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15 Gadgets That Changed it All. I’d Add One More



Silicon Alley Insider is running a column featuring 15 Gadgets That Changed Everything This Decade. I bet without too much trouble you could name most of them. So take a moment before you take the jump or follow the link, jot down your list, and then see how well you did.

Again, I don’t think this is too hard a list to suss out. You’ll find the iPod, the iPhone, GPS, the Blackberry, Flat Screen HDTV, The Kindle, the DVR, Thumbdrives, and more on the list and is tough to argue with any of the gadgets included.

I’ll offer one more and I’m sure I’ll be laughed at derisively for suggesting it. That one gadget is the Tablet PC. Why? The Tablet PC, even with its difficult and journey, proved that you didn’t have to be tied to your desk, or to your lap to get work done or have some fun on a computer. Microsoft’s early vision was a correct one, but they didn’t have the leadership, the marketing, the chutzpah, or the desire to follow that vision to reality. Call me silly, but a lot of what we’re seeing today and being promised tomorrow sprang from that early Tablet PC vision.



  1. GoodThings2Life

    12/09/2009 at 12:28 pm

    I totally agree with you Warner! Tablets are really the forefather of “alternative input” devices that free us from keyboards and mice.

    The list itself isn’t that surprising, and even though I don’t like some of the products, I can’t argue that they did change their respective markets.

  2. Joe

    12/09/2009 at 2:05 pm

    I’m surprised about one thing, and that’s that I’d put the Treo 600 up there before the Blackberry. Early Blackberries were just an evolution from pagers. The Treo 600 pretty much started the smartphone revolution. Don’t get me wrong, I know the Treo has been leapfrogged by most of the competition now, but had it not been for the 600, we might not have these newer Blackberries that do more than email, and possibly not even an iPhone.

    Now, as for the iPhone, I don’t actually like the device, but I of course can’t disagree that it definitely did start the second generation for smartphones.

  3. Luke

    12/09/2009 at 8:09 pm

    100% agree. As mentioned many of the mentioned items actually started at some other company (smartphone, pocket pc, surface computing, sidewinder, …).

    Why is USB on the list and not flash cards? Also why is Samsung credited and not Philips who came up with the first plasma previous decade? And Tivo they even admit it’s going downhill and did it really change us? I think on-demand will change everything including video as it already did with iPod/mp3 prior.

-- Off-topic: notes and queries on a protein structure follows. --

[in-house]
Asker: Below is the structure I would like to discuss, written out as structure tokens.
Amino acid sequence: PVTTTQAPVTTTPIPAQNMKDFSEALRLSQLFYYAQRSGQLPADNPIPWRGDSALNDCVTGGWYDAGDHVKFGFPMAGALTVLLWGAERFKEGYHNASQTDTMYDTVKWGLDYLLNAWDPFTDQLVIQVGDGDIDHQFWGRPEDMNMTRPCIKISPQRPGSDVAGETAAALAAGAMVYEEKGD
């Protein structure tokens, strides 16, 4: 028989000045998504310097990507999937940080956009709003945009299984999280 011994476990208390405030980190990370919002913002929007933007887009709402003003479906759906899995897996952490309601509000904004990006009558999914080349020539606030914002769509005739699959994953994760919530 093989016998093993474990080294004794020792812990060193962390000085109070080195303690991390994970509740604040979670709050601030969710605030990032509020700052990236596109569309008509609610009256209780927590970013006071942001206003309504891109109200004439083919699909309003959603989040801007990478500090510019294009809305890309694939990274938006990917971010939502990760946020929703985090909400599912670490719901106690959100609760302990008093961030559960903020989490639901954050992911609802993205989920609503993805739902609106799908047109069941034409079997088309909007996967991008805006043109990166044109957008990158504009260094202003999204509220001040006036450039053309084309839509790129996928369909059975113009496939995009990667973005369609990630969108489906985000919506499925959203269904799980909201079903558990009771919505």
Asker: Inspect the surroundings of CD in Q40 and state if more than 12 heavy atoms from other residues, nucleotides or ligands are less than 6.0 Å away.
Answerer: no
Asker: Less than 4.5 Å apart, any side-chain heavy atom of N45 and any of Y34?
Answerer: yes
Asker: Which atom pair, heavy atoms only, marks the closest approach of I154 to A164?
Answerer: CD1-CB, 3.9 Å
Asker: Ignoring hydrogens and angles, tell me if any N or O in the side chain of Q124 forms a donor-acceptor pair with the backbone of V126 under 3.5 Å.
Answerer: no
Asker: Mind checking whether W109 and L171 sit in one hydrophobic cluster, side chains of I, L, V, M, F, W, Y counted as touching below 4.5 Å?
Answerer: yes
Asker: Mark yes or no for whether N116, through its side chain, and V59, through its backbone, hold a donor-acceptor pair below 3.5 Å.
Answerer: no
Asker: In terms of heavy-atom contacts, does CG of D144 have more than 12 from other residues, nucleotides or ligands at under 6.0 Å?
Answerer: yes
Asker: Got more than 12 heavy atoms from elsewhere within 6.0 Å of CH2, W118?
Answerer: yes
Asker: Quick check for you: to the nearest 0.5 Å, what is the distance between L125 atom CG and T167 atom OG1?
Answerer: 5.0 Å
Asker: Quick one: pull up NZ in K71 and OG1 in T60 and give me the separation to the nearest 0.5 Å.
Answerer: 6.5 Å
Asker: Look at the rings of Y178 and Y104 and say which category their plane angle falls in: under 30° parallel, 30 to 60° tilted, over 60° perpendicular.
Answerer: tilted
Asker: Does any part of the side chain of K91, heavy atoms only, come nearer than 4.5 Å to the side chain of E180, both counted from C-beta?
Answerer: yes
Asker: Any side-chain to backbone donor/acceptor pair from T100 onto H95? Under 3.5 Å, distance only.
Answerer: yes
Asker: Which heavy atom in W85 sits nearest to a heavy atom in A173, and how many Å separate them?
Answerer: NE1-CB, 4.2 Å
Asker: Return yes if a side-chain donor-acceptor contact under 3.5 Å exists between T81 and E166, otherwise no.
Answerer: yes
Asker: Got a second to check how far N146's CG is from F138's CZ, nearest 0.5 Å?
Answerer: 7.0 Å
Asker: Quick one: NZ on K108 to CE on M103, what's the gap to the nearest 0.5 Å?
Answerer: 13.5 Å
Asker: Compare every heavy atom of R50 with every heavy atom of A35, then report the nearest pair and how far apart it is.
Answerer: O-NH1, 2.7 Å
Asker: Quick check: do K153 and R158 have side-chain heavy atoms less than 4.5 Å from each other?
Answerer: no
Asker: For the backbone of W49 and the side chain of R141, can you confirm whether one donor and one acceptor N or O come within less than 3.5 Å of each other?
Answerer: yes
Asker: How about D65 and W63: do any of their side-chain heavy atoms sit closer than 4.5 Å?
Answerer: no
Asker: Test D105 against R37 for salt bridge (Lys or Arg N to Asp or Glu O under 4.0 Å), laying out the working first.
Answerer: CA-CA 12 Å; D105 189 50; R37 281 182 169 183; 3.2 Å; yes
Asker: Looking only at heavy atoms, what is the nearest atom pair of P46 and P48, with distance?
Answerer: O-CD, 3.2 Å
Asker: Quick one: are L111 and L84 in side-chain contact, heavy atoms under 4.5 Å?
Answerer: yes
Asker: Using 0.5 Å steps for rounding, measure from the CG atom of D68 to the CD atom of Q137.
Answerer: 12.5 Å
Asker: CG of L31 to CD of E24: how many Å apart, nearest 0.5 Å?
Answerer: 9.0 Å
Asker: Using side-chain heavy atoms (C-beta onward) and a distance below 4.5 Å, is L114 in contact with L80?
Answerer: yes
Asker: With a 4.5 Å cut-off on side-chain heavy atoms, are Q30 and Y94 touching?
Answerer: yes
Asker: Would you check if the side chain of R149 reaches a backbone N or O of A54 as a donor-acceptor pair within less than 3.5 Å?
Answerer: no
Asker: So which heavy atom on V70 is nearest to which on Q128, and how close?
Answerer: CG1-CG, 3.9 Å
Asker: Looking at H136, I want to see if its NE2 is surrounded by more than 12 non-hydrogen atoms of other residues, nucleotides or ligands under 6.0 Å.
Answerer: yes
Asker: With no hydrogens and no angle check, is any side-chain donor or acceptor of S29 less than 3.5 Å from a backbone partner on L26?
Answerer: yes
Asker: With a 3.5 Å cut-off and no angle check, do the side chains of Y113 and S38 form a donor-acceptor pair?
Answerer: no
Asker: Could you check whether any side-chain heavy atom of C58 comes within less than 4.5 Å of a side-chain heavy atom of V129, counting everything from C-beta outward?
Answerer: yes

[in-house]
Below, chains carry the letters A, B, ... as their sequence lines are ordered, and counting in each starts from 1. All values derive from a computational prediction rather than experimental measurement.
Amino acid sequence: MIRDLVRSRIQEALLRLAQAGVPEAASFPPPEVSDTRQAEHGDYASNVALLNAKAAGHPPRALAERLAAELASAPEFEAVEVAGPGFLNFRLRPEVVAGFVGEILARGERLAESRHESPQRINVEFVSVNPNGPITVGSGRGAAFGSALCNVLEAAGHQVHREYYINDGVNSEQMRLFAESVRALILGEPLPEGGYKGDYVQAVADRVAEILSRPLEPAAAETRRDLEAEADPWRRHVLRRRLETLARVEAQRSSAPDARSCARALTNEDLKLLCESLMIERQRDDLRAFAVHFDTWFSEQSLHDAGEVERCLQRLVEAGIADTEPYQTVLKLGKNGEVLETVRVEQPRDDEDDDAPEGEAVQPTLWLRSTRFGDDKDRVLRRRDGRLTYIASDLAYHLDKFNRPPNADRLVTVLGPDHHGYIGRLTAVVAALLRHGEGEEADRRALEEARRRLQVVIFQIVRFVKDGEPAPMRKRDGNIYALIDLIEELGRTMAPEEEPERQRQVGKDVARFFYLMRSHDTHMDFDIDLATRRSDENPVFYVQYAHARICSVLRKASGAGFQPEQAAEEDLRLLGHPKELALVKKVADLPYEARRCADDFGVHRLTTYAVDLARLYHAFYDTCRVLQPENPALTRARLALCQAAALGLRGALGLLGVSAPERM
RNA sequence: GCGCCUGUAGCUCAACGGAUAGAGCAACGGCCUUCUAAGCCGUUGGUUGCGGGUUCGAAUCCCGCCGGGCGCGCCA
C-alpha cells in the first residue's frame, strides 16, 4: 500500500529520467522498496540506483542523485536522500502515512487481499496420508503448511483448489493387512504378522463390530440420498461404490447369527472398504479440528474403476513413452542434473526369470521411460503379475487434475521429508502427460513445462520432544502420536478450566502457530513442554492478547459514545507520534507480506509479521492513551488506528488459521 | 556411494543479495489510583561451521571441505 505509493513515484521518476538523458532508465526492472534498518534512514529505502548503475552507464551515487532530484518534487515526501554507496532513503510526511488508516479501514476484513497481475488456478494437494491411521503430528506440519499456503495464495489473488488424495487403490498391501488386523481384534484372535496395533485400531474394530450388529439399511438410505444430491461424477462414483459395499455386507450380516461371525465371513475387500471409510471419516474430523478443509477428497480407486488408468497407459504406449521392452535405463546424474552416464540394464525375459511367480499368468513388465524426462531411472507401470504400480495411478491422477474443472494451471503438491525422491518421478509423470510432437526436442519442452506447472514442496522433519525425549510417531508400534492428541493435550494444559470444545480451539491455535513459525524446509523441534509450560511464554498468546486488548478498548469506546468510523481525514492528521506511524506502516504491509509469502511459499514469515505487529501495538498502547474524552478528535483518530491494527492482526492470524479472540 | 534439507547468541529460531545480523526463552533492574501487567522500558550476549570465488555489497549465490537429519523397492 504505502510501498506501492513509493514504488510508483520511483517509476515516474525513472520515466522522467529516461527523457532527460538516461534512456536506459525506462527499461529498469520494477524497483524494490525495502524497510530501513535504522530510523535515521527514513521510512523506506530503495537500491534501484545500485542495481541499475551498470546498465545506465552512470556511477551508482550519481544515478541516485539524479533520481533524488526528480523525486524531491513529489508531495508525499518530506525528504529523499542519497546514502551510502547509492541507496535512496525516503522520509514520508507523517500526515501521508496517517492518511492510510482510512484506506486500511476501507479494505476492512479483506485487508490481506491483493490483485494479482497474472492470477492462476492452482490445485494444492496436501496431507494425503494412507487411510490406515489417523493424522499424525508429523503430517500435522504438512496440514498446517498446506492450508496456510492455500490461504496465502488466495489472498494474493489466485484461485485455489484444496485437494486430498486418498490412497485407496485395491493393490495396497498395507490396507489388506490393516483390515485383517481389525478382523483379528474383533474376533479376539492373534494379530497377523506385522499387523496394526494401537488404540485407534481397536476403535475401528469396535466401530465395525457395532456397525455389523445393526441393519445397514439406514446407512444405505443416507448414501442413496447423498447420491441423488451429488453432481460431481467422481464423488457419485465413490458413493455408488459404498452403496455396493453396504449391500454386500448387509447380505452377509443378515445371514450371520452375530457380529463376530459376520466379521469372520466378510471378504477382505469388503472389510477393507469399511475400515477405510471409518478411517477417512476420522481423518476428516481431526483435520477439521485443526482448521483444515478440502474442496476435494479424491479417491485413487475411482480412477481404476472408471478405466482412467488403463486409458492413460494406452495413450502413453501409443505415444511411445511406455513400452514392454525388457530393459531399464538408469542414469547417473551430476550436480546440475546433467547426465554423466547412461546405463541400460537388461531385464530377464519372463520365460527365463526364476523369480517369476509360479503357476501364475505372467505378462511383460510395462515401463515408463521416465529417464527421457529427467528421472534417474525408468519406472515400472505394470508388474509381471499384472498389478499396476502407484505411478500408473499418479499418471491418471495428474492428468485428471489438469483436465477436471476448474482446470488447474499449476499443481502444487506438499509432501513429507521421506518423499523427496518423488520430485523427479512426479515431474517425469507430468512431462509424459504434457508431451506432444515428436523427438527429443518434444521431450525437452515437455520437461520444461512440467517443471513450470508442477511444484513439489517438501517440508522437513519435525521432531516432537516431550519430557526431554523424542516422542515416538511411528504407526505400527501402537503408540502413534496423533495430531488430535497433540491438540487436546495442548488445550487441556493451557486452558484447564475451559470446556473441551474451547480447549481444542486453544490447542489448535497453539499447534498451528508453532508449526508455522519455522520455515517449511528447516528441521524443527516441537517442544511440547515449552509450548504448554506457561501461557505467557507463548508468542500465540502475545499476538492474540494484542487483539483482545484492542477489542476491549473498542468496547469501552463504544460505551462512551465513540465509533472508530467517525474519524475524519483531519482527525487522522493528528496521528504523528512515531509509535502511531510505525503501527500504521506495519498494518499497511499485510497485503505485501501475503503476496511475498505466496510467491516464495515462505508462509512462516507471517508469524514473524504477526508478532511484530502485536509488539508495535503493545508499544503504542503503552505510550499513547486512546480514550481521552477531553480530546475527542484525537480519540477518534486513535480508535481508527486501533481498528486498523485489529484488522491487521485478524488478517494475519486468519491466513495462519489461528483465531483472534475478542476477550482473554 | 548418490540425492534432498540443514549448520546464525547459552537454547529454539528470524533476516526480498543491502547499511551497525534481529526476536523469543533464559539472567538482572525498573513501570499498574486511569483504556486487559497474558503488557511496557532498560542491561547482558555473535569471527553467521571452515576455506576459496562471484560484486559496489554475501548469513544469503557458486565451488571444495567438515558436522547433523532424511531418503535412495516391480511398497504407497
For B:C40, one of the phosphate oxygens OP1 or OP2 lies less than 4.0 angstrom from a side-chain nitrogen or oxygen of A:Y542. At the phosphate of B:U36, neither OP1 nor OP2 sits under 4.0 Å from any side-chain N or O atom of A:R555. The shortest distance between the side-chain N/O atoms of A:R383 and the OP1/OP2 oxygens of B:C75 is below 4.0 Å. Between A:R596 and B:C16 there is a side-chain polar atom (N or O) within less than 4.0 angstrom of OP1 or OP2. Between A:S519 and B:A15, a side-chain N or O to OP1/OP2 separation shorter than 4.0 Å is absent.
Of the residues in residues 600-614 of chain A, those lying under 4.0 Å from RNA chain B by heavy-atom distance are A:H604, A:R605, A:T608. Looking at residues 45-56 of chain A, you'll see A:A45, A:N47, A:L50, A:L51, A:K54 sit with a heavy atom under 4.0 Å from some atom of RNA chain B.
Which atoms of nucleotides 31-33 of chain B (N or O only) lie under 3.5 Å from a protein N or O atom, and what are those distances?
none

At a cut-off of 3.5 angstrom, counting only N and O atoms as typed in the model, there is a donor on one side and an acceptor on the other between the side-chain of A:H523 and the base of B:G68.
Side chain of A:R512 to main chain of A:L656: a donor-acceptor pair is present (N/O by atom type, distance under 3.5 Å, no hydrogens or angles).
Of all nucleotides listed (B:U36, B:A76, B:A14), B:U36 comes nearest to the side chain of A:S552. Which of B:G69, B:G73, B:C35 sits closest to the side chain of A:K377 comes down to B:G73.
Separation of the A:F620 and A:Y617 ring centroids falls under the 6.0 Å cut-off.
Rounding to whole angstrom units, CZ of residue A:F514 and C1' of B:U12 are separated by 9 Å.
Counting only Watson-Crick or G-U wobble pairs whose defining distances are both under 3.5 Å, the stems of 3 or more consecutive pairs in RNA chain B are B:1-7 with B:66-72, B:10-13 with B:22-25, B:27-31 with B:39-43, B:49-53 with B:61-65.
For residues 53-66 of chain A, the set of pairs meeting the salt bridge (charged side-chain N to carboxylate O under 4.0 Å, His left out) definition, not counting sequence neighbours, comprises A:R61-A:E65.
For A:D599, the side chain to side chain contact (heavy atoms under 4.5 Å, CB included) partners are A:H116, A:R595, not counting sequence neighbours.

Always when I see these lists I wonder if they aren’t little bit biased especially coming from Silicon Valley…
    CNN money had a similar list for the 80’s and didn’t mention C64 but they did mention Apple II which came later and didn’t sell as much.

  4. Glenn

    12/10/2009 at 11:37 am

    Warner, my heart is with you but my vocabulary is not. Even in this day a promise is still a promise- until it is kept. The tablet pc promise is still not kept. I do believe that the promise will be kept but only when the big gorilla is taken out of the room and put back in it’s rightful habitat. That gorilla is marketing. And not tablet marketing, but computer hardware and software marketing.
    A market should be shaped when solutions are sold to meet needs. In the computer world marketing does not facilitate those with needs finding solutions. It sells partial solutions that produce more needs.
    In the restaurant world one restaurant would succeed in business because people who were fed well and enjoyed the experience of eating there will return.
    Another restaurant could feed the people what ever, and ask for as much money as the people have if there was nowhere else to eat. That restaurant could really succeed in business.
    Is the computer hardware and software industry such a monopoly? No. Is the marketing and component sourcing all of one type? That is a very different question the answer to which may explain a lot about the computer industry. Meeting real needs and supplying real solutions is how industry and marketing are supposed to work. But marketers know that even a hungry monkey will put his hand through a hole to grab a shiny object and won’t let go, come what may.

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